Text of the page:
Dimensions: 544 pages, 8.25 × 5.5 × 2 in
Published: November 15, 2011
Publisher: Simon & Schuster Books for Young Readers
The following ISBNs are associated with this title:
ISBN - 10: 1416991158
ISBN - 13: 9781416991151
About the Book
When 17-year-old Silas Umber's father disappears, Silas is sure it is connected to the powerful artifact he discovers, combined with his father's hidden hometown history, which compels Silas to pursue the path leading to his destiny and ultimately, to the discovery of his father, dead or alive.
Read from the Book
HE SHOULD HAVE GONE HOME. It was after eleven, so he’d have been home already. Arguing with his wife. Lying to his son about work and the hours of his work and the kind of work he said he did back in Lichport. Amos Umber’s lies had become habitual. He would invent something about the corpse to tell his son. That’s what Silas always wanted to know. The grisly details. What happened to them? How did they die? What did it take to put all the pieces back in place? How did he treat the flesh so the family wouldn’t be reminded there was anything other than sleep waiting for them at the end of days? It was their little ritual. Father and son. Lie stitched to lie. An elaborate collection of details and variations to make the stories he told sound real, momentarily fascinating, but also common and forgettable. Corpses and coffins, chemical order forms, and a dark pin-striped suit. So many details it almost held together if no one pulled at too many threads. No matter that his son assumed that “Undertaker” meant “mortician.” No matter that in the Umber family an Undertaker was something else entirely. Amos hated lying to his son, but he had made a promise to his wife. He’d sworn not to say anything about the Undertaken, or Wanderers, or the Restless. He’d sworn not to talk to Silas about his side of the family or the family business in Lichport, where they all once lived together briefly when Silas was a baby. Most of what he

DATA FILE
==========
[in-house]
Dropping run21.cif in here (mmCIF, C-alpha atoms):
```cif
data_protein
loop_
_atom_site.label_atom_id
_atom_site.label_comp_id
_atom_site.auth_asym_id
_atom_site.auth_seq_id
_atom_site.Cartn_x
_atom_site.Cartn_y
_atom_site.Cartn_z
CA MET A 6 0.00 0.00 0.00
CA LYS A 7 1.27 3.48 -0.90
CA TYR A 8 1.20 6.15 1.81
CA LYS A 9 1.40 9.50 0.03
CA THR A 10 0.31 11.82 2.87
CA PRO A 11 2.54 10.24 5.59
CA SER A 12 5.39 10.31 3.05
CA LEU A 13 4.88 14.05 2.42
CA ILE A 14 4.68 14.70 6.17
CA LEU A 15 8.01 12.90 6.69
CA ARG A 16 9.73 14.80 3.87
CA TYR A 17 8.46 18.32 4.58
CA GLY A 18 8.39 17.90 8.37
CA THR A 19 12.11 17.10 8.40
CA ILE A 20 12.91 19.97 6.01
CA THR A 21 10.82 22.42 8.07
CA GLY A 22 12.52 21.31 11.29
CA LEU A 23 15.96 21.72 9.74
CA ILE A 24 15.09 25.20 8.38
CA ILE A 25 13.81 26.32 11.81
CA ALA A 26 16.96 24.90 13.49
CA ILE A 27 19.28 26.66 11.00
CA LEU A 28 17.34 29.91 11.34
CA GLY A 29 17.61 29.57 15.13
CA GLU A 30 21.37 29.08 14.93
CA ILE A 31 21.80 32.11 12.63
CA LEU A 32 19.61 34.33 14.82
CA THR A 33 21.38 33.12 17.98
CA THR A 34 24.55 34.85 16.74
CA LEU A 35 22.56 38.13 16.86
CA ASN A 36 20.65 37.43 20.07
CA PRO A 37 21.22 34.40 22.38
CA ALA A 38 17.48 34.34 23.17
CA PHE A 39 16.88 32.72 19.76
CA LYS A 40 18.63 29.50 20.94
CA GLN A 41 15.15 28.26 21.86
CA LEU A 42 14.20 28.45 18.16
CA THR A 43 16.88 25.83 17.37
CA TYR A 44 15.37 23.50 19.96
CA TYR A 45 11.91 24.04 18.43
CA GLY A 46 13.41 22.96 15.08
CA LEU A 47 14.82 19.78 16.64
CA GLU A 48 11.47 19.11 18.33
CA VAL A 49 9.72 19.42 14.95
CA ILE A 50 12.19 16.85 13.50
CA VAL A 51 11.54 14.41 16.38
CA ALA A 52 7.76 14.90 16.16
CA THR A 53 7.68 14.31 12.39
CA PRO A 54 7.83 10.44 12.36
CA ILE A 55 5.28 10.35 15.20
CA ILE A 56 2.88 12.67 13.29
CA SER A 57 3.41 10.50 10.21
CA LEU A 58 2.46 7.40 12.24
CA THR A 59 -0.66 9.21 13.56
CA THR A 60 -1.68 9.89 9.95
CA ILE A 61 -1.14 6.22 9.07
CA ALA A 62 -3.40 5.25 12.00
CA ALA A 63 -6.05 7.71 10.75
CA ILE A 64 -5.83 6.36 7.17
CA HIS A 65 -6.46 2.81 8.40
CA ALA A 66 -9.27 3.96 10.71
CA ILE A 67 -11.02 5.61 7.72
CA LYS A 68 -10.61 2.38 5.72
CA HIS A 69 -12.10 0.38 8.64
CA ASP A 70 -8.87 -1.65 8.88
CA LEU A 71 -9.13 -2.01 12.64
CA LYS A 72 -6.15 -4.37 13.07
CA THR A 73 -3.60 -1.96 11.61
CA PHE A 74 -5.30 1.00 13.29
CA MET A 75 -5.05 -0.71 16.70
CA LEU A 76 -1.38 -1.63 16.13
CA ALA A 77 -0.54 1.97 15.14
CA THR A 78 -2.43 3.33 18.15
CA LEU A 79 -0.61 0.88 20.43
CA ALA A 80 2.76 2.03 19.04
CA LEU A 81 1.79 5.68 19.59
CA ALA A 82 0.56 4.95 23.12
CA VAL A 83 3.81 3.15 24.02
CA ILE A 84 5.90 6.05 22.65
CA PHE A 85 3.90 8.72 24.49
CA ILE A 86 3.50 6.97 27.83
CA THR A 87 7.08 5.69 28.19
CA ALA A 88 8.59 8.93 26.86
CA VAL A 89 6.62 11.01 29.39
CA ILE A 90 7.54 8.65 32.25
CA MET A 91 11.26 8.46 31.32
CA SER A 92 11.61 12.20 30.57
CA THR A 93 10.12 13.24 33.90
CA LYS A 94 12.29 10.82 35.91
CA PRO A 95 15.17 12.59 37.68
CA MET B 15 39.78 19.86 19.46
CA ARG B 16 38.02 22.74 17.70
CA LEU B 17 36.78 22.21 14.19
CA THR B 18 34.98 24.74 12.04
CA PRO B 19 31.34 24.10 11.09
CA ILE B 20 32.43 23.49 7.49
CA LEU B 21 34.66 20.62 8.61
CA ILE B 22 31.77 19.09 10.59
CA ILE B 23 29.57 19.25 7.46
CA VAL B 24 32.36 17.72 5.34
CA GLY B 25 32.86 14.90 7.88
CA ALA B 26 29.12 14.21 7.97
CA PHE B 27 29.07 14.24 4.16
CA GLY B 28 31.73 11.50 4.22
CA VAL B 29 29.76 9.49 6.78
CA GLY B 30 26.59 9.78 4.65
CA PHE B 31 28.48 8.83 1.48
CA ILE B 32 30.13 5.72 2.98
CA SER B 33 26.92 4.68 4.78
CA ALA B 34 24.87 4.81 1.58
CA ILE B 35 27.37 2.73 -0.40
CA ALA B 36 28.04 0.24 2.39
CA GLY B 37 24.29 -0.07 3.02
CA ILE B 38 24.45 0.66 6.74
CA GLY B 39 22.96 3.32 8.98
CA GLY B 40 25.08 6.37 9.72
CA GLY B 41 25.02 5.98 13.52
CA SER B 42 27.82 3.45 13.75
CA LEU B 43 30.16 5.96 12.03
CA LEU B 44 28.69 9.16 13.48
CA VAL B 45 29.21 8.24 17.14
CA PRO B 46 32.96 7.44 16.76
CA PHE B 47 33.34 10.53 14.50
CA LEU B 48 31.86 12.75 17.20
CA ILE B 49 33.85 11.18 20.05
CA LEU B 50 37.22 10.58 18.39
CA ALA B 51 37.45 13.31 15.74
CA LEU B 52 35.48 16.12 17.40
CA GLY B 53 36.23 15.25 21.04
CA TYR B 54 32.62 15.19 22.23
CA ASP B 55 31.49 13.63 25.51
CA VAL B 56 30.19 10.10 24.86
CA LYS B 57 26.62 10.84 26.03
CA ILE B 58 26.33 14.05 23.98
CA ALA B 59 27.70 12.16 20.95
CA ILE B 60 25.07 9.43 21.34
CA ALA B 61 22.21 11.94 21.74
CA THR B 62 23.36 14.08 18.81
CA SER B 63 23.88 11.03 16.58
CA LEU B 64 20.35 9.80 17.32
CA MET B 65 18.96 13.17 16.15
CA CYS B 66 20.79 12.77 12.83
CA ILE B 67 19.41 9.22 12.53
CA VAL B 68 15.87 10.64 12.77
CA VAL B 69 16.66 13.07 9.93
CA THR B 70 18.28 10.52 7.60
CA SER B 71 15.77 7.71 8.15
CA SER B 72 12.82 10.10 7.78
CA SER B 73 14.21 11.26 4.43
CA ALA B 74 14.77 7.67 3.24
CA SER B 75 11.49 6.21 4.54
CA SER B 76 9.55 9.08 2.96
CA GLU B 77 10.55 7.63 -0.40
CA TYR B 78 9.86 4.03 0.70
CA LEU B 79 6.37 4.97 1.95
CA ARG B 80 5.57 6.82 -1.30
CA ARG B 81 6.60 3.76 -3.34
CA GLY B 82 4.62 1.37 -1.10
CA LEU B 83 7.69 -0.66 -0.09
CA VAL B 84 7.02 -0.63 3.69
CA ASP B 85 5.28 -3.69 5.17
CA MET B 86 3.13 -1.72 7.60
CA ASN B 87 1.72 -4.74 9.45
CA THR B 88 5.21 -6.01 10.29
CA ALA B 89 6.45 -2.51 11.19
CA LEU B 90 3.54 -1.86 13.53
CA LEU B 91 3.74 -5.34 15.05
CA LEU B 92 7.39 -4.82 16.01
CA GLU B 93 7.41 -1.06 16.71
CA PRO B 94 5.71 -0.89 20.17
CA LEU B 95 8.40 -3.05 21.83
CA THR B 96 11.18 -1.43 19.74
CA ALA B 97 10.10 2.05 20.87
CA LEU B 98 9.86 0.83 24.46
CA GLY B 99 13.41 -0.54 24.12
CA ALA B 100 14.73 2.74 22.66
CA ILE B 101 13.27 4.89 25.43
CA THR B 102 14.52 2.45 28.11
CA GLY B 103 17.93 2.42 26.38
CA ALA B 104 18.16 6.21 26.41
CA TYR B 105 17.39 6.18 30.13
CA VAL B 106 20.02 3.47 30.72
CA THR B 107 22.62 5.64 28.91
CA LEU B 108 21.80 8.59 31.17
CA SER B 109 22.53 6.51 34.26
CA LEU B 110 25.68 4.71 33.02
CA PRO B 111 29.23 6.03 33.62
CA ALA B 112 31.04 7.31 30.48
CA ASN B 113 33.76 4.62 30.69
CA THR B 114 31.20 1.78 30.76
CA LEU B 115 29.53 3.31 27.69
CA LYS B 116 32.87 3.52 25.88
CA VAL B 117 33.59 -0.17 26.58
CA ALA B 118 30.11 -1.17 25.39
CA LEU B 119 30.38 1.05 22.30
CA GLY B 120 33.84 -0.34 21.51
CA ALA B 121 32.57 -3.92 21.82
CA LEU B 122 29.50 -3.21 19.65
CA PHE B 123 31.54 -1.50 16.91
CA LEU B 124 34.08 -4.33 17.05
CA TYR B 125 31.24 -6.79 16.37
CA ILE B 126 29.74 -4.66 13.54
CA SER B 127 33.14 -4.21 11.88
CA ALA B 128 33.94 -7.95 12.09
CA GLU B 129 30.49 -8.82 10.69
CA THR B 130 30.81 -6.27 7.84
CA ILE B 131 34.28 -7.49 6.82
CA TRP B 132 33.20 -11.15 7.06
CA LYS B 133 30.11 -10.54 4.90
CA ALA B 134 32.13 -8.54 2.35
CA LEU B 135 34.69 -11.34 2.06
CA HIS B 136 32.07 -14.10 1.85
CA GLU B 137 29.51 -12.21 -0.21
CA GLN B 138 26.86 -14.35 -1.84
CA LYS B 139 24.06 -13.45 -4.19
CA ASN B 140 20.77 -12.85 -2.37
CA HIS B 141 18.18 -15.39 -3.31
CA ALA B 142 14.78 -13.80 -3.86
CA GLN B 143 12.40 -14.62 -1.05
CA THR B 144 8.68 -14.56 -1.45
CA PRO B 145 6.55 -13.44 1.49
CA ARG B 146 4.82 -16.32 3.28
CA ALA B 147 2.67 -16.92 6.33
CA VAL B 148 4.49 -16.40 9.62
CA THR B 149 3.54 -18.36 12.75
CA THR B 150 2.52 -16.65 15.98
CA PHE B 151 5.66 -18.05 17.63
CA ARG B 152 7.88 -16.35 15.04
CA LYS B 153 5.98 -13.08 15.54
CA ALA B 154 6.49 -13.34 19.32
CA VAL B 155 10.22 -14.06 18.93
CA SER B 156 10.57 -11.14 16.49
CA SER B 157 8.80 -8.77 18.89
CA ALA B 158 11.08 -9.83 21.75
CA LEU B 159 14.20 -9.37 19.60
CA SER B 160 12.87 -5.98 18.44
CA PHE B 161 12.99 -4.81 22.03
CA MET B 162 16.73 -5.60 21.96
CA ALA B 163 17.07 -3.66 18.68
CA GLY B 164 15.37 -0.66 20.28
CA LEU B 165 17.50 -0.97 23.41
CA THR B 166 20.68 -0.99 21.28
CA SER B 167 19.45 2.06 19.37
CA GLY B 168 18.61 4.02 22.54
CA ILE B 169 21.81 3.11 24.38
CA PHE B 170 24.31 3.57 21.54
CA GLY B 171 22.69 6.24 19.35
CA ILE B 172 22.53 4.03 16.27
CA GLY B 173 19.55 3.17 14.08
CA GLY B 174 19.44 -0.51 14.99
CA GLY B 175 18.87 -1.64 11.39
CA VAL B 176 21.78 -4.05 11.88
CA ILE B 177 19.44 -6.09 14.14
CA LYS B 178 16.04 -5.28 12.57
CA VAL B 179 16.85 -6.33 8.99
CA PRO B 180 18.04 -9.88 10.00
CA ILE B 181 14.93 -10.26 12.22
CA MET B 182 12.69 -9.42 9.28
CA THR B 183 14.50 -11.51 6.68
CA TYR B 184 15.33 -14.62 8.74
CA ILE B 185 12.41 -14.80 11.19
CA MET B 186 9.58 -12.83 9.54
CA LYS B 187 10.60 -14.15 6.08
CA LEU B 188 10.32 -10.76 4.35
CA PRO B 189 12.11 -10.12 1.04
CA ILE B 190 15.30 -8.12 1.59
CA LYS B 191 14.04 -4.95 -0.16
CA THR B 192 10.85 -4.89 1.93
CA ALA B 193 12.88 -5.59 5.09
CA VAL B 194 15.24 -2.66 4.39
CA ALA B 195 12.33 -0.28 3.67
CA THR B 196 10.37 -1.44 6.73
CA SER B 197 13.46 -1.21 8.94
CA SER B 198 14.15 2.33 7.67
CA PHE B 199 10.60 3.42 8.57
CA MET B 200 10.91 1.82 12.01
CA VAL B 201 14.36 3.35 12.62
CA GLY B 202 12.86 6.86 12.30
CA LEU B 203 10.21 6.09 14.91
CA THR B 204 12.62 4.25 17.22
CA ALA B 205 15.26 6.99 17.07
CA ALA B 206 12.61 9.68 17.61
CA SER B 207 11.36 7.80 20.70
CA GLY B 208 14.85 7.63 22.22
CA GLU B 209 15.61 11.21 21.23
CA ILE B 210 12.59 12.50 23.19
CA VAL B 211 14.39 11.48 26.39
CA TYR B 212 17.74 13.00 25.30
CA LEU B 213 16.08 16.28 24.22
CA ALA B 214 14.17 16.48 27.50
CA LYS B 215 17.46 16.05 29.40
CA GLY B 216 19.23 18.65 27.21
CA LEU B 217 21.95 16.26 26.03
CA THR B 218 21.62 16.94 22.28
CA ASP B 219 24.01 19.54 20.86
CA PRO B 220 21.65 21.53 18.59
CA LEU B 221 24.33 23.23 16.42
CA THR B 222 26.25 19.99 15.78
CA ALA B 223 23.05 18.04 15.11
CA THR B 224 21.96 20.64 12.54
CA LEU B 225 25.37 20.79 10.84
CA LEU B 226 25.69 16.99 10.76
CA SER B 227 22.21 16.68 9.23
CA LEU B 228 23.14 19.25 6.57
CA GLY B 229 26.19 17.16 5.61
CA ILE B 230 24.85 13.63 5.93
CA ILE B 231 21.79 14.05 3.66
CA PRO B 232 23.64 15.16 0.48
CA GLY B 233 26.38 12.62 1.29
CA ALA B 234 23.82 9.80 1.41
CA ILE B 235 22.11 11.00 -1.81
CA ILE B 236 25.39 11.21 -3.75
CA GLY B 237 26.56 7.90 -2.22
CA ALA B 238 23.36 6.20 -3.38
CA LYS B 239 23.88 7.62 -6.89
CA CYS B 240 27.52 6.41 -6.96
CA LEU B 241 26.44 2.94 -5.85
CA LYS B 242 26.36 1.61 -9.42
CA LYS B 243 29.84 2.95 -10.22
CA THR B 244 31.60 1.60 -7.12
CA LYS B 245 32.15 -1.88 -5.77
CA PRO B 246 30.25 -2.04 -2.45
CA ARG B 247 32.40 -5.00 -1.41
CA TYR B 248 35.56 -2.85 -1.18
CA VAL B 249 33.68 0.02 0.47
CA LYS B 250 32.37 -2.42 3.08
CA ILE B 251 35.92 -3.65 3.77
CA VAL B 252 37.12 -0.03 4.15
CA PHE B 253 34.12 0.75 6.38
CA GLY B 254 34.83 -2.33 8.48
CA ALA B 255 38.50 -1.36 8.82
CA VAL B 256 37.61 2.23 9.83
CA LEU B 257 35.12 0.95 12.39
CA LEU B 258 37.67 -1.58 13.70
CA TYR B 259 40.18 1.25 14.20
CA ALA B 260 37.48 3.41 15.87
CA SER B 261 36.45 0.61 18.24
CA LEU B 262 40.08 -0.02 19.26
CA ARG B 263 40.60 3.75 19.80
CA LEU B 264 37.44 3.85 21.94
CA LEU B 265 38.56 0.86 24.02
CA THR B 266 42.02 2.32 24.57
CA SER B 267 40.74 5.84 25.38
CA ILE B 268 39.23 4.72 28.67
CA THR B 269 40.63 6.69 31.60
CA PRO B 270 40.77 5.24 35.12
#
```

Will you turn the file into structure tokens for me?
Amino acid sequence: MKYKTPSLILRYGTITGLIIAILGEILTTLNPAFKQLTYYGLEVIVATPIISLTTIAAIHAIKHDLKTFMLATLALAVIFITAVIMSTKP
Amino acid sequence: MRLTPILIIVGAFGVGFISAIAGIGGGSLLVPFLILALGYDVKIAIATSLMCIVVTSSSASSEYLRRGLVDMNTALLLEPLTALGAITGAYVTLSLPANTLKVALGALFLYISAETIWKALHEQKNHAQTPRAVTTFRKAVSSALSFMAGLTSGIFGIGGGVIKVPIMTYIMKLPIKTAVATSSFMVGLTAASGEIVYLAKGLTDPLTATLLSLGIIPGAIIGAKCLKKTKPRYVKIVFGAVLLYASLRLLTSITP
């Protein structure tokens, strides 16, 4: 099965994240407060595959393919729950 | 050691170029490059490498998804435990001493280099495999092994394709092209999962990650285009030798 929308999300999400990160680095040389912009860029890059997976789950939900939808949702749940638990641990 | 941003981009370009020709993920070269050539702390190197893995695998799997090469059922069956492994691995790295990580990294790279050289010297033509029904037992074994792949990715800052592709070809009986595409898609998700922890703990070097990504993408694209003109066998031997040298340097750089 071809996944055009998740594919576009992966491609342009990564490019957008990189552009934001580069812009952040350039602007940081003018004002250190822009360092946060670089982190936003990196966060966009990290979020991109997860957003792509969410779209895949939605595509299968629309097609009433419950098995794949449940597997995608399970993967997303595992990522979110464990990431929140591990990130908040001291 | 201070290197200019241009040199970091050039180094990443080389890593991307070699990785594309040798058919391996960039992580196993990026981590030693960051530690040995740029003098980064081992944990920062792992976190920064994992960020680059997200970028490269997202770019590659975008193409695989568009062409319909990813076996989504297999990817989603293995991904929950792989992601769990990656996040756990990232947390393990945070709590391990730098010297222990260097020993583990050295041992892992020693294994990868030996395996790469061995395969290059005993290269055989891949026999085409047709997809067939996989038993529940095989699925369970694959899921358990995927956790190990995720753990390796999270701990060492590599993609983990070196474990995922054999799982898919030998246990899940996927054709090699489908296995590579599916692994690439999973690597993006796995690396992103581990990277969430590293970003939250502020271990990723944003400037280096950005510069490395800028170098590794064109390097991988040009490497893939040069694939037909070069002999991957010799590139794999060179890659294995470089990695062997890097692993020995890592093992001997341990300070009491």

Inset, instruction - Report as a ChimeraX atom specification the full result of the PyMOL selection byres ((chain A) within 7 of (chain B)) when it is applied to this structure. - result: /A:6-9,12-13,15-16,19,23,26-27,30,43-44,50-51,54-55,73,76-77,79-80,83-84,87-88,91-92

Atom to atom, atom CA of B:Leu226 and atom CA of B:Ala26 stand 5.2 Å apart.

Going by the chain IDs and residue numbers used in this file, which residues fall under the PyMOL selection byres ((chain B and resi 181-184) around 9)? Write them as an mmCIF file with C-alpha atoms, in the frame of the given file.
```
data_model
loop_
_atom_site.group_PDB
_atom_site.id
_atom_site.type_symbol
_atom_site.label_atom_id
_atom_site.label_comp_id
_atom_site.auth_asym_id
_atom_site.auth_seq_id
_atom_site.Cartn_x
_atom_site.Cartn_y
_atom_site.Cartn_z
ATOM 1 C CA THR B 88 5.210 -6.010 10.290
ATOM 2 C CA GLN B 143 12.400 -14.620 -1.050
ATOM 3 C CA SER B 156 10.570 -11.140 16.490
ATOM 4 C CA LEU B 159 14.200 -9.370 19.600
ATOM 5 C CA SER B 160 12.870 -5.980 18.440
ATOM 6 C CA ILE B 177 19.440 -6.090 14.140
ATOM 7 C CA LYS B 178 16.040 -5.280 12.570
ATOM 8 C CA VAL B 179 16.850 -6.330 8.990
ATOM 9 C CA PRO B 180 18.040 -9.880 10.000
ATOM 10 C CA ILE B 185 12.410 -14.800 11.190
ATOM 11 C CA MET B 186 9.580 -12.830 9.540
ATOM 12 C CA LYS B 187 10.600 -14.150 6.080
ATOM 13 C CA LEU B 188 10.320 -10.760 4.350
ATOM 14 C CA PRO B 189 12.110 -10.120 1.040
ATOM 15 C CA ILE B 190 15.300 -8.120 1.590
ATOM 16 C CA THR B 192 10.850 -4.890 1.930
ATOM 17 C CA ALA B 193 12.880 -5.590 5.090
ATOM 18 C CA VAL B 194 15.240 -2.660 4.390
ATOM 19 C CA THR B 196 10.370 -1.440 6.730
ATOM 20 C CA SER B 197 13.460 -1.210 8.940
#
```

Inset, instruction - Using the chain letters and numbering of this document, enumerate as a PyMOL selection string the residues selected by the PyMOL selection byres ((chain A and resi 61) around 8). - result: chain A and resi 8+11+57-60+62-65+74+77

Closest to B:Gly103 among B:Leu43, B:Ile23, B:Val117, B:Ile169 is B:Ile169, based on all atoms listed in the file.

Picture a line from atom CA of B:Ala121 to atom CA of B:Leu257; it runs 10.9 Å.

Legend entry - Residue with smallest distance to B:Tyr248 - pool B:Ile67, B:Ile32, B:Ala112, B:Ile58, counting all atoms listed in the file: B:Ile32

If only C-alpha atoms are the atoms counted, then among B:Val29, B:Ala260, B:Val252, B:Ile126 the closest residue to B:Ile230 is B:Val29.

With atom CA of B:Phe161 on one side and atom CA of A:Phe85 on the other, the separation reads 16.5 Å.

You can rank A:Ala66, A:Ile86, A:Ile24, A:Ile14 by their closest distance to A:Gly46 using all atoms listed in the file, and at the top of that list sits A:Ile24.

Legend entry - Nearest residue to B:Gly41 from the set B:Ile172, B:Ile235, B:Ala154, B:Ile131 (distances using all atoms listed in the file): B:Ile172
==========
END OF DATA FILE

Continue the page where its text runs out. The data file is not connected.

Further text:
From the Publisher
They say the dead should rest in peace. Not all the dead agree.
One night, Silas Umber''s father Amos doesn’t come home from work. Devastated, Silas learns that his father was no mere mortician but an Undertaker, charged with bringing The Peace to the dead trapped in the Shadowlands, the states of limbo binding spirits to earth. With Amos gone, Silas and his mother have no choice but to return to Lichport, the crumbling seaside town where Silas was born, and move in with Amos’s brother, Charles.
Even as Silas eagerly explores his father’s town and its many abandoned streets and overgrown cemeteries, he grows increasingly wary of his uncle. There is something not quite right going on in Charles Umber’s ornate, museum-like house—something, Silas is sure, that is connected to his father’s disappearance. When Silas’s search leads him to his father’s old office, he comes across a powerful artifact: the Death Watch, a four hundred year old Hadean clock that allows the owner to see the dead.
Death Watch in hand, Silas begins to unearth Lichport’s secret history—and discovers that he has taken on his father’s mantle as Lichport’s Undertaker. Now, Silas must embark on a dangerous path into the Shadowlands to embrace his destiny and discover the truth about his father—no matter the cost.
"Every now and then a book comes along that breaks the mold of everything that has gone before. Death Watch is such a book. At once a profound and moving meditation on death, and an extraordinary edge-of-the-seat adventure, it is one of the most original and powerful novels I have read in my lifetime." — John Matthews, New York Times bestselling author of Pirates and Arthur of Albion